From 22 to 27 July 2018, a team from the IFA joined up with six other clubs of the Football Club Social Alliance (FCSA) and their disability football teams in Basel, Switzerland, for a week full of football and other recreational activities.
This year was the 12th edition of the Special Youth Camp. Every year, since 2007, European football clubs and associations have been going to Basel for the football and adventure camp for children and youth with mental and/or physical disabilities. It is a truly unique week where children and instructors alike make friends, learn new things and have a lot of fun.
In this year’s edition of the Special Youth Camp, the participants of the Irish Football Association, SV Werder Bremen, Bayer 04 Leverkusen, FC Schalke 04, 1. FSV Mainz 05 (Germany), FK Austria Wien (Austria), and FC Basel 1893 (Switzerland) experienced an action-packed week.
The week included several training sessions on the football pitch, a test of courage in the climbing forest, a lot of emotions during the mini-World Cup tournament, a city tour, and a tour of FC Basel’s stadium. The highlight of the week for many was the football festival at FC Basel’s training ground with a number of professional players from the youth and first team squads.
Clare Carson, an instructor from the Irish Football Association highlighted how the mix of football and other activities is great for the participant’s personal development, stating, “There is a great range of activities both on and off the pitch. In terms of the social side of it they can learn more about themselves as people and come out of their shell and develop personally as well as the football side of it.”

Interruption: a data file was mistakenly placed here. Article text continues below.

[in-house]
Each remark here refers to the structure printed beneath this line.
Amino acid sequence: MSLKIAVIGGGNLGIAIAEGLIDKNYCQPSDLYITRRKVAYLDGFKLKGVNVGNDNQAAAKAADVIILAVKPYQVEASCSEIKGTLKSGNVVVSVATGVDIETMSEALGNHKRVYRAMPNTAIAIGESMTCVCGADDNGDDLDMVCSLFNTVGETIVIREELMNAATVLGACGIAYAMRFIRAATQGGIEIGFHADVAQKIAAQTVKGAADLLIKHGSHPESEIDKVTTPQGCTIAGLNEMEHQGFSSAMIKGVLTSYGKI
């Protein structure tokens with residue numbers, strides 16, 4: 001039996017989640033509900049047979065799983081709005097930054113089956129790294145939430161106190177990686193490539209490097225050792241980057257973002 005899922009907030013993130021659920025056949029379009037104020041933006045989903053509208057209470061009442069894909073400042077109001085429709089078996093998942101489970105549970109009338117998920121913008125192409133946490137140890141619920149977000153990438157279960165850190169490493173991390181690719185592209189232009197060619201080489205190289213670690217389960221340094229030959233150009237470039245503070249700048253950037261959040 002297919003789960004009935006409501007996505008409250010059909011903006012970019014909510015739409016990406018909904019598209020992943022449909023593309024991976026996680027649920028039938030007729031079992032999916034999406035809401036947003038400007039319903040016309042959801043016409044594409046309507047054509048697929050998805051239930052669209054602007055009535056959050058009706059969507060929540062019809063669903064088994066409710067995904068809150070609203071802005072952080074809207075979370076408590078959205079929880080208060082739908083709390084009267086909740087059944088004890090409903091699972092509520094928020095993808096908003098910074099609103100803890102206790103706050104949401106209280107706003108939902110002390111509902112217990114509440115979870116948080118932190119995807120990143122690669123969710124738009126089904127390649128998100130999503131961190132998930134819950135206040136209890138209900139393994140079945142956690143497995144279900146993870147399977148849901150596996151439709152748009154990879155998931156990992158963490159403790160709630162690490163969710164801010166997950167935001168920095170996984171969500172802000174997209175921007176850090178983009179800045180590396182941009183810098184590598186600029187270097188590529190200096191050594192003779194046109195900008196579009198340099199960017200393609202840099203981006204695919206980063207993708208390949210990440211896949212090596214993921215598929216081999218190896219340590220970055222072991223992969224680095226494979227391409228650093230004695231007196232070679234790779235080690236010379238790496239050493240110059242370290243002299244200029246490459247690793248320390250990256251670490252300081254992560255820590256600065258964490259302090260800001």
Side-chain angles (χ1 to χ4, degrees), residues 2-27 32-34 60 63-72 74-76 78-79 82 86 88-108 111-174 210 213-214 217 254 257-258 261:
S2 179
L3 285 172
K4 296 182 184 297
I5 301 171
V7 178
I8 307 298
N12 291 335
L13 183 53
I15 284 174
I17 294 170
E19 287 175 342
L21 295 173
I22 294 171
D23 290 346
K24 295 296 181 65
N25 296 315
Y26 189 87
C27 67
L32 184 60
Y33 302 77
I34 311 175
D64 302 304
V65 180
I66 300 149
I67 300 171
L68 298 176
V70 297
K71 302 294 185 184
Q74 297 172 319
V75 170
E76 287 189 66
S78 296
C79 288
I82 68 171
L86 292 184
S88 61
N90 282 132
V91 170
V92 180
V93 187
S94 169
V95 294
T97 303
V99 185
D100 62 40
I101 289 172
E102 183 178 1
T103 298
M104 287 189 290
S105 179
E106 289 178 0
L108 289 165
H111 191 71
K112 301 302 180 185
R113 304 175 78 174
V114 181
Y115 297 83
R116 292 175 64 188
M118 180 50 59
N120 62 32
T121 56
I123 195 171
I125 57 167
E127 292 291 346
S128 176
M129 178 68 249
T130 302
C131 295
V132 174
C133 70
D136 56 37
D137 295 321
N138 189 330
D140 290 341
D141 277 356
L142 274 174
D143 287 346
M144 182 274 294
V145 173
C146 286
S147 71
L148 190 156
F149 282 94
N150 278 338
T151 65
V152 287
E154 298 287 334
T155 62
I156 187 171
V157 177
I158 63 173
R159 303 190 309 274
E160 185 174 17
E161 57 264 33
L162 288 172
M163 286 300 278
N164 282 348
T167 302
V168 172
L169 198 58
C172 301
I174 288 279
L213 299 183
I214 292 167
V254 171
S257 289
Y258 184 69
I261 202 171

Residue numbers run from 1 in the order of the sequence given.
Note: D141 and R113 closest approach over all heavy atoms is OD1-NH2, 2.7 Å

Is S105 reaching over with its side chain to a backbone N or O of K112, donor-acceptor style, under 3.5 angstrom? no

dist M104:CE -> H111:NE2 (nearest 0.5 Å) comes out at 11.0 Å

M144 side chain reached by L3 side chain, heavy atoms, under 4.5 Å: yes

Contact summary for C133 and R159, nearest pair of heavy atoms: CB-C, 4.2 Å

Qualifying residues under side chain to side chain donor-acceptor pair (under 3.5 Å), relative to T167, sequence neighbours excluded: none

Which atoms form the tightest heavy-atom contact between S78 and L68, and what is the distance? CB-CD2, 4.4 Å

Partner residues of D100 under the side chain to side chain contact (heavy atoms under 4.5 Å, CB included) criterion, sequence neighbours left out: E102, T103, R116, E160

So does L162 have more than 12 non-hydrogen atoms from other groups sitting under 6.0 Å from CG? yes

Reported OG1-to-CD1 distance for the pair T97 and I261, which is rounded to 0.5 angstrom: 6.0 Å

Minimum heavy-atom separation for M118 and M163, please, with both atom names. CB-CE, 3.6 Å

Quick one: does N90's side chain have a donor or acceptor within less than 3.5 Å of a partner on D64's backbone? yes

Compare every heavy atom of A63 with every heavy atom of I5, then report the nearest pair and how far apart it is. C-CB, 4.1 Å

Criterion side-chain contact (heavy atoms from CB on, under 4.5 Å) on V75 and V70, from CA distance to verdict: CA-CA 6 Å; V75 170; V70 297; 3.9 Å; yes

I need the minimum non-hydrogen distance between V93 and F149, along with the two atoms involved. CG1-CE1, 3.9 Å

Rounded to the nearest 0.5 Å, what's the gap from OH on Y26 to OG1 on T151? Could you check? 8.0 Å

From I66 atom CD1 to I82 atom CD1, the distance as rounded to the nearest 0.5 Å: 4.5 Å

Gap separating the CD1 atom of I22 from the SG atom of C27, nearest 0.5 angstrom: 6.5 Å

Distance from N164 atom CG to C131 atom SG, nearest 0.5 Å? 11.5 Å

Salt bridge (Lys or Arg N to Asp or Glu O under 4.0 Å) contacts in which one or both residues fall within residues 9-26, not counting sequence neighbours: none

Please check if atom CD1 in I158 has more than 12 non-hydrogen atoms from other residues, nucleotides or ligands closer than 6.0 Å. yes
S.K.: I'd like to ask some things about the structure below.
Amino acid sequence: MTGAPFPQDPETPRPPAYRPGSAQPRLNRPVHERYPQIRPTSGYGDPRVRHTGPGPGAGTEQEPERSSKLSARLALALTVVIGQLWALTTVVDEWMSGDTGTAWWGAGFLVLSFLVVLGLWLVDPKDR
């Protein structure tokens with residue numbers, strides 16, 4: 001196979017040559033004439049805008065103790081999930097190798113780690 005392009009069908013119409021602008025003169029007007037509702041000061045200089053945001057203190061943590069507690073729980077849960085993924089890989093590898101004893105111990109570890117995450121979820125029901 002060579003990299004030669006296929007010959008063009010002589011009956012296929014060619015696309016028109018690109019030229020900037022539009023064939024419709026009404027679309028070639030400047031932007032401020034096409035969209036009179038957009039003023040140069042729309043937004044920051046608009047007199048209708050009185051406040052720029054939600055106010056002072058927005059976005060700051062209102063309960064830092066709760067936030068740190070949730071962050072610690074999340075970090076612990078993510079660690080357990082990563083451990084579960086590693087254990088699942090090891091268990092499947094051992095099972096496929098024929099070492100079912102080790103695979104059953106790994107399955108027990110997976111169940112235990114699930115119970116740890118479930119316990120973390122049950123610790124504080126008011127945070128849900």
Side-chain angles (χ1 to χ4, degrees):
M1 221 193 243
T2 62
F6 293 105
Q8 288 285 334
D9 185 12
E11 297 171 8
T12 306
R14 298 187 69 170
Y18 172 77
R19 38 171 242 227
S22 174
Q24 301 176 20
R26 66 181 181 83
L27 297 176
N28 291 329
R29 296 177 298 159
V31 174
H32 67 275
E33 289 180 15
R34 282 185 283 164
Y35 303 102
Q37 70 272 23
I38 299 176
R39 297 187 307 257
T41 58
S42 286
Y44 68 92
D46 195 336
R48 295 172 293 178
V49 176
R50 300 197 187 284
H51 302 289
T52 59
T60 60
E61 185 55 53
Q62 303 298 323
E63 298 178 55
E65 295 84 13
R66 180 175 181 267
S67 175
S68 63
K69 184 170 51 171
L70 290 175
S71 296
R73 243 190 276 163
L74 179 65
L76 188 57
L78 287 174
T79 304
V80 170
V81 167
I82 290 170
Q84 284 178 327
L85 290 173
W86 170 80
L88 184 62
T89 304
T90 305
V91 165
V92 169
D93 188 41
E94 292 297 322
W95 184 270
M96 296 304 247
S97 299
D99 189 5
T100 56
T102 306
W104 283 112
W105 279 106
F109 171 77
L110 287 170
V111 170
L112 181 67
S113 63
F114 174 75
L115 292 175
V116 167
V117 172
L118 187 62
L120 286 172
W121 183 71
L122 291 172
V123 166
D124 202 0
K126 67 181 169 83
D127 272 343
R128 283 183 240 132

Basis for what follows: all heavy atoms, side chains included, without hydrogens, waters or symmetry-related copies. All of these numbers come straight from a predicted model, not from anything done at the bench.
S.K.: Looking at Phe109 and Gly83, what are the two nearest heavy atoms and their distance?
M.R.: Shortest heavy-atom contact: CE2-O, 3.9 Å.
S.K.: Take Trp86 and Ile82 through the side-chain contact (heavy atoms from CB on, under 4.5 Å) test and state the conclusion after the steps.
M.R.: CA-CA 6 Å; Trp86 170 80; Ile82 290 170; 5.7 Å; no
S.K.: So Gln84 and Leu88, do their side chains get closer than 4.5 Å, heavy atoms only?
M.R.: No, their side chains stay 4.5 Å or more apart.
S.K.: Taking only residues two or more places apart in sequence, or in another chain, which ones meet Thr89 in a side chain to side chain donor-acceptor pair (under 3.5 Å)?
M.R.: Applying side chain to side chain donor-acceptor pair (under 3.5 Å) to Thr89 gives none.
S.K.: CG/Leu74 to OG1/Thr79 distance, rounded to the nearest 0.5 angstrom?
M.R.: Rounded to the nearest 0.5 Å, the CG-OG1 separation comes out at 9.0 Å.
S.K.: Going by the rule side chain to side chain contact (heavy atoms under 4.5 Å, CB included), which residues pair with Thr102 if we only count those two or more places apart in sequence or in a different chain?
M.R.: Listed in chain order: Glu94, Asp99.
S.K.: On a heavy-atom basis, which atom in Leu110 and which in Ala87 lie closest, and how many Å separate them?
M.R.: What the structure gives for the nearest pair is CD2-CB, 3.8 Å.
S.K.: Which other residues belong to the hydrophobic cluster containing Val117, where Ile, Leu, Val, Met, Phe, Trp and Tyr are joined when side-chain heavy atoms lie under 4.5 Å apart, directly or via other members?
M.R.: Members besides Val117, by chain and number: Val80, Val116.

She added, “For me it’s all about seeing the kids grow over the week. Seeing their development off the pitch and how that’s had a massive impact on the pitch when they come to play their football, is what it’s all about for me.”
Lewis, a participant from the Irish Football Association stated that he learned how the language barrier between the German and English-speaking groups was not really a problem for them: “Integrating with people and knowing that language barriers don’t really necessarily stop you playing with other people.”
In addition to creating an unforgettable week for the participants, the Special Youth Camp provides a platform for 20 Young Coaches from the Tandem Education to demonstrate their coaching skills.
Brooke, a Tandem Partner from the Irish Football Association reflected on the week and described how this coaching experience has given her the desire to coach disability football moving forward: “Seeing everyone being included, everyone enjoying themselves, everyone making new friends even though there was a language barrier.
"If you needed help doing something there was always someone there to jump in and help you… Coming out of mainstream coaching and into disability coaching. I think I’d now prefer to coach disability than mainstream. No matter what their disability is they can still do it when it’s broken down a bit.”
The IFA has collaborated with the Scort Foundation since 2015. During this time, several disability football teams of the IFA have visited the Special Youth Camp. In addition to the Camp, the IFA partners the FCSA on the English-speaking Tandem Young Coach Education where coaches with and without disability are educated to become football coaches in disability football.